NVIDIA nForce 790i SLI Ultra and GeForce 9800 GX2
A Closer Look at the 9800 GX2
The GeForce 9800 GX2 card is a real departure from previous NVIDIA designs. In some respects, the GeForce 9800 GX2 is like the 7950 GX2 in that they both utilize a pair of PCBs linked together on a single graphics adapter. The GeForce 9800 GX2, however, has a more innovative design in our opinion. We think you'll agree after you see the goods...
With the GeForce 9800 GX2, each GPU (and its frame buffer memory) resides on its own PCB. And sandwiched in between the PCBs is a single, large heatsink and fan that cools the GPUs and RAM. The rear of the PCBs features a cut-out that allows air to be pulled in from either side, where it is funneled through the center of the card and ultimately exhausted from the system. The entire assembly is encased in a metal shell that not only protects the components inside, but also helps dissipate heat.
The GeForce 9800 GX2 features a pair of dual-link DVI-I outputs in addition to an HDMI output, that also carries audio signals. To one side of the GX2's 6-pin PCI Express power connectors, there is a tiny S/PDIF input header. GeForce 9800 GX2 cards will include a cable that connects a motherboard's S/PDIF output to this header, where it is then channeled to the HDMI output. And while the GX2 has a dual DVI outputs, multi-display functionality still operates like two cards - multi-GPU performance SLI mode must be disabled for a multi-monitor setup. We should note, however, NVIDIA plans to change this with a future driver release.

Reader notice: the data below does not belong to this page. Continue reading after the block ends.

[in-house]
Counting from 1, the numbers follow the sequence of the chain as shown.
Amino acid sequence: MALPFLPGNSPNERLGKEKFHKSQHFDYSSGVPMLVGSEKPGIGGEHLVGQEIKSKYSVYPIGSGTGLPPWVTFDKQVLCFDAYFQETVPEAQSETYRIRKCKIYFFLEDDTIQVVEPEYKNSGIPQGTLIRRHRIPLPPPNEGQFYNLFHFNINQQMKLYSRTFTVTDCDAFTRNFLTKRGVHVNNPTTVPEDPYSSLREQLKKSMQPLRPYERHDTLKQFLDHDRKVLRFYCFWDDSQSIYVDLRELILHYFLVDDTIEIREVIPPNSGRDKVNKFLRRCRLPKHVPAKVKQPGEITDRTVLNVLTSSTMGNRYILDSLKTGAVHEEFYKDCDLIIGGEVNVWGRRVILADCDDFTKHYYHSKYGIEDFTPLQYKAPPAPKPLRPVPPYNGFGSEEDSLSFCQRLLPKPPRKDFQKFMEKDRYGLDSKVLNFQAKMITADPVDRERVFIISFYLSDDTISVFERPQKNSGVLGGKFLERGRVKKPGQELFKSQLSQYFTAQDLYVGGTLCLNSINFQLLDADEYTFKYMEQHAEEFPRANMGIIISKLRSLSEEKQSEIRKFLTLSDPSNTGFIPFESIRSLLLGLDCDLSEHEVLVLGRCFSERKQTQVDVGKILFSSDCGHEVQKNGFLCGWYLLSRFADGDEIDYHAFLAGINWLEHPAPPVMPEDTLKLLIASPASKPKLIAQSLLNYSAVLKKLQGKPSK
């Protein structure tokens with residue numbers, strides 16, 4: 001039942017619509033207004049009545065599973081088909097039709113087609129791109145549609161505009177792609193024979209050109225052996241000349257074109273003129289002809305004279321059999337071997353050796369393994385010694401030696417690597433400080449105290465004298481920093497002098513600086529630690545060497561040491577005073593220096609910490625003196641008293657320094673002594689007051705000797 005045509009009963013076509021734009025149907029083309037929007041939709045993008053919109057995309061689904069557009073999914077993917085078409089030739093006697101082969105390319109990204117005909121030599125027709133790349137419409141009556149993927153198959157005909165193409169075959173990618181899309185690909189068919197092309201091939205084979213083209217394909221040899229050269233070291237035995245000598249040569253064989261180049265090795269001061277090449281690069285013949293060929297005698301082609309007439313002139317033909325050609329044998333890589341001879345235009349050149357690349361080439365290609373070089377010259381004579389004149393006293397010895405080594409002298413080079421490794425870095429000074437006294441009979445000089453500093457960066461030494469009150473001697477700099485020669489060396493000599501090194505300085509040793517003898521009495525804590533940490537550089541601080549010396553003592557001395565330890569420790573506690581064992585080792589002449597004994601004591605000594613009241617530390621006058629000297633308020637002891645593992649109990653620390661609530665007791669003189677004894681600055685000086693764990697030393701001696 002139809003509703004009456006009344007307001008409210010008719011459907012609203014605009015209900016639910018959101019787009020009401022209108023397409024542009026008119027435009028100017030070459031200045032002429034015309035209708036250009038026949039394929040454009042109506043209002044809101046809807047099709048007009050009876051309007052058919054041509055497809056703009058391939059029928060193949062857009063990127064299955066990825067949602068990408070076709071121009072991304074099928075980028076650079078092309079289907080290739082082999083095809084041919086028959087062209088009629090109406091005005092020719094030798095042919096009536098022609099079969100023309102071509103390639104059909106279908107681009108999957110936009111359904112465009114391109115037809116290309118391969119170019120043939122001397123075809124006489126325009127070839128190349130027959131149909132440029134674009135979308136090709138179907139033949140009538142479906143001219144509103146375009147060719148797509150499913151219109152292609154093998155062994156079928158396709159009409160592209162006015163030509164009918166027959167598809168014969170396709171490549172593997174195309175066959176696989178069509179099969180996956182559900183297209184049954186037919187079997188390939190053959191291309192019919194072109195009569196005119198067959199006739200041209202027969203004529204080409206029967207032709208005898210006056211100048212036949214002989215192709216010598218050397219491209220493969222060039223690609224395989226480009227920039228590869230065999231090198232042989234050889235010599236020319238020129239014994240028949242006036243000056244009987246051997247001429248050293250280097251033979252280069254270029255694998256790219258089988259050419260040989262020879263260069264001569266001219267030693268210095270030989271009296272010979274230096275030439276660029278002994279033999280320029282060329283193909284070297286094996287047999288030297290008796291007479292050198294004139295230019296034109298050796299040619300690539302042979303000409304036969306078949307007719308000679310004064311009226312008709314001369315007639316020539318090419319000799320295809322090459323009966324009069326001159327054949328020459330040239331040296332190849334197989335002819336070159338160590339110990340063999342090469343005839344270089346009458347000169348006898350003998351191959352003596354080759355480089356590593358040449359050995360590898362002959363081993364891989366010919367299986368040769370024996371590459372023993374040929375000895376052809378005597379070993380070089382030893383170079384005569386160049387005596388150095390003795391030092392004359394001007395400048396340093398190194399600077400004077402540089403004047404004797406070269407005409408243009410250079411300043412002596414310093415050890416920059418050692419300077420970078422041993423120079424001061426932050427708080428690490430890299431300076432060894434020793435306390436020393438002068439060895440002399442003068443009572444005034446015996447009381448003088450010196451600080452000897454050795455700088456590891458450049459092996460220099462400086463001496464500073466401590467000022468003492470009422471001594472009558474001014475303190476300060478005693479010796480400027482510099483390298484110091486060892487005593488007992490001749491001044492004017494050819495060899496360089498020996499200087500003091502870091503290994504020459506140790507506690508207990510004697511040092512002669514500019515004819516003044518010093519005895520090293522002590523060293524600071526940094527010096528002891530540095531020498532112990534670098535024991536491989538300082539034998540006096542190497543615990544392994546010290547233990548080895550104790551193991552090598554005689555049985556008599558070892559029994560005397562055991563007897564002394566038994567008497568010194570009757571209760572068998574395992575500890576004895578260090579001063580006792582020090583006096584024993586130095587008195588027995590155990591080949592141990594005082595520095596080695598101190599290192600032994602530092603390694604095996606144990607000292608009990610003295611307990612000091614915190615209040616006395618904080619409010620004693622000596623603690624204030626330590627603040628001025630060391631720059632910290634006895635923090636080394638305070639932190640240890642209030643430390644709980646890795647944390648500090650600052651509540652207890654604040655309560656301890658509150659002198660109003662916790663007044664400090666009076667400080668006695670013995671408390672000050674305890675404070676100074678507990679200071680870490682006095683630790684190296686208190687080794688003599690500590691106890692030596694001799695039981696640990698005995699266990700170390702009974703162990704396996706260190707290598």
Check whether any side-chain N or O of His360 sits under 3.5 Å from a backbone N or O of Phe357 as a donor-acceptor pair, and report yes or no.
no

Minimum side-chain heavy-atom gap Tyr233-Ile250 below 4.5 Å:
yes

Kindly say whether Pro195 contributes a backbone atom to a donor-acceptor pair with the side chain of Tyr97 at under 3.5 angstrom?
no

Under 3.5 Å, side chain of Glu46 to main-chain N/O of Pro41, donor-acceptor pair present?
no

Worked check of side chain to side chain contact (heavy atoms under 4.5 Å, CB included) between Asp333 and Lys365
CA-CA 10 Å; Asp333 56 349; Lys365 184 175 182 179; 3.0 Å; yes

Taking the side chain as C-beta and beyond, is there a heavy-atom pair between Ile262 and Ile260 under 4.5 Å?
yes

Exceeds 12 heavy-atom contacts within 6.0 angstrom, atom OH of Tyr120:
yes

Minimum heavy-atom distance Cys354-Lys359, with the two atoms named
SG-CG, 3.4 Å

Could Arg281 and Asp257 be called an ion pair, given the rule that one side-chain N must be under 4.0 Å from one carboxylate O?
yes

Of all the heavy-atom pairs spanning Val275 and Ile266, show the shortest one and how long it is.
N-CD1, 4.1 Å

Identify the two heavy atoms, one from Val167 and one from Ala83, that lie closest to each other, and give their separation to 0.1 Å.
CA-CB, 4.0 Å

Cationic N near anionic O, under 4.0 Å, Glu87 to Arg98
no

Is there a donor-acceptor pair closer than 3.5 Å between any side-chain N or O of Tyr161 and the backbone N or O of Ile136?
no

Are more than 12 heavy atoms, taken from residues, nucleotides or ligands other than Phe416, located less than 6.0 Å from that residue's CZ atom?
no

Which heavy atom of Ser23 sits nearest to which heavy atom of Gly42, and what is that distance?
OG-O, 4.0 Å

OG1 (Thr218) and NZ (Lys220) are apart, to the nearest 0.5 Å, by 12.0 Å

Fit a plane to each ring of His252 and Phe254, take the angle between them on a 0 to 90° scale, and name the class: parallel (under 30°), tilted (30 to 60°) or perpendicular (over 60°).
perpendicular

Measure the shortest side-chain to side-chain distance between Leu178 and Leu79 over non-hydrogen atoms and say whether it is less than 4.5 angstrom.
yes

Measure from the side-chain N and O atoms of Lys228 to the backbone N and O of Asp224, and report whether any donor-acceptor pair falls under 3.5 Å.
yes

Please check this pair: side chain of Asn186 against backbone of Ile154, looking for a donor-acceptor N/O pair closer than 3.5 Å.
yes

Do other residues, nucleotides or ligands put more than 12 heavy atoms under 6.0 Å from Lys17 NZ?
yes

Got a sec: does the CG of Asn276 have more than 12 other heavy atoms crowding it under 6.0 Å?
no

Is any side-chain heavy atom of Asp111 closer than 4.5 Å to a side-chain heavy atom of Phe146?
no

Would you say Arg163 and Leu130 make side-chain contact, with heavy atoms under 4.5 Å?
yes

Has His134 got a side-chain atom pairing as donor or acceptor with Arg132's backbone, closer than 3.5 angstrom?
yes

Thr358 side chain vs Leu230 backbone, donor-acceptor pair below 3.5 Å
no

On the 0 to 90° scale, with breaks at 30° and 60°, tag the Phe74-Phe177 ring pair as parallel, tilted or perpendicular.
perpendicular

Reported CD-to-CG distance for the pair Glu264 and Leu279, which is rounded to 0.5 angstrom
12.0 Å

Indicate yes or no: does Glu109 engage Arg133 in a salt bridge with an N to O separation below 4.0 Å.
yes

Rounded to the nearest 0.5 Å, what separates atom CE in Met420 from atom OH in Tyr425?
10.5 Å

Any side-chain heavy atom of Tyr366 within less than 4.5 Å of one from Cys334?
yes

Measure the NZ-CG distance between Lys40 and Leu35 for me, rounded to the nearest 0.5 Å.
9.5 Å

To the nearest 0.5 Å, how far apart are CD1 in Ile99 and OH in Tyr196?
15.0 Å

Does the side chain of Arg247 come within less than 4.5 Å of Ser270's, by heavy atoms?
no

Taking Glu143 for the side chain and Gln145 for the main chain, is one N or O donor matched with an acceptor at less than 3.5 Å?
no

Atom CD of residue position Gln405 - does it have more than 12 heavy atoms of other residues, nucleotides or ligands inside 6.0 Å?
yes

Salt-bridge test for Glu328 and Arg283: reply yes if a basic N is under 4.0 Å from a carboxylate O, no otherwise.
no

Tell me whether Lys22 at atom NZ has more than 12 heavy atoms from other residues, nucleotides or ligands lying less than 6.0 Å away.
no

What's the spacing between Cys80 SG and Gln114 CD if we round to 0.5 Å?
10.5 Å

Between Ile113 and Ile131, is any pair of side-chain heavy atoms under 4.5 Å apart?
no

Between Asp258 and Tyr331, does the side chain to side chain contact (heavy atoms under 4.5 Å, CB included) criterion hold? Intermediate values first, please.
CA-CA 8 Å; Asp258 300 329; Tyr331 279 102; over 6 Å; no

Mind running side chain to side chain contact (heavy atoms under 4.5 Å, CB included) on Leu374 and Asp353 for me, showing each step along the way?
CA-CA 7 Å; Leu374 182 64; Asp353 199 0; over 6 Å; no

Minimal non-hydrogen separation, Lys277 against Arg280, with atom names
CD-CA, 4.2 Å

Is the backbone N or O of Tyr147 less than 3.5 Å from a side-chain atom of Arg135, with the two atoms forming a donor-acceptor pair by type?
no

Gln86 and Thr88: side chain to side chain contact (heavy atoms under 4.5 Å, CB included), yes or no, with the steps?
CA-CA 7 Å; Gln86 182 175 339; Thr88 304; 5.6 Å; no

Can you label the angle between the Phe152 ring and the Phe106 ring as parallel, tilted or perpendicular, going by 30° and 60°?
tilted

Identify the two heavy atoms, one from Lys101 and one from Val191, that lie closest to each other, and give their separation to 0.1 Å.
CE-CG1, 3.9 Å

If you look close, also visible on the front of the GeForce 9800 GX2, up towards the top of the retention bracket, at a pair of LEDs. One of the LEDs will be used to indicate the primary card in a Quad-SLI configuration, while the other indicated whether or not power is properly being supplied to the card. The GeForce 9800 GX2 requires both a 6-pin and an 8-pin PCI Express power connector to be plugged in to operate. Because the card can consume almost 200W (197W to be exact) NVIDIA requires both types of connector - using dual 6-pin connectors will not work. An 8-pin connector must be plugged into the card for it to operate.
Up at the top of the card you can see its SLI edge connector. As you probably expect at this point, two of these cards can be paired up for a Quad-SLI configuration. We'll be talking more about that in a future article, so stay tuned.
With the GeForce 9800 GX2's external shell removed, you can get a better view of the card's innards. Along the bottom, a ribbon cable connection the two PCBs together is visible, as are the vents in the PCBs and the large cooler. We're sure some debate will ensure as to whose dual-GPU design is more elegant, NVIDIA's or ATI's, but what does that mean really? It's the all around performance that counts.
We've also already begin receiving full-retail GeForce 9800 GX2 cards. What you see pictured here is the ASUS EN9800GX2. ASUS' take on the GeForce 9800 GX2 is much like the reference design, save for the custom decal affixed to the card's enclosure. And as usual, ASUS includes a robust accessory bundle complete with a full version of the DX10 game Company of Heroes: Opposing Fronts. We'll be bringing you a more detailed look at this card in the not too distant future.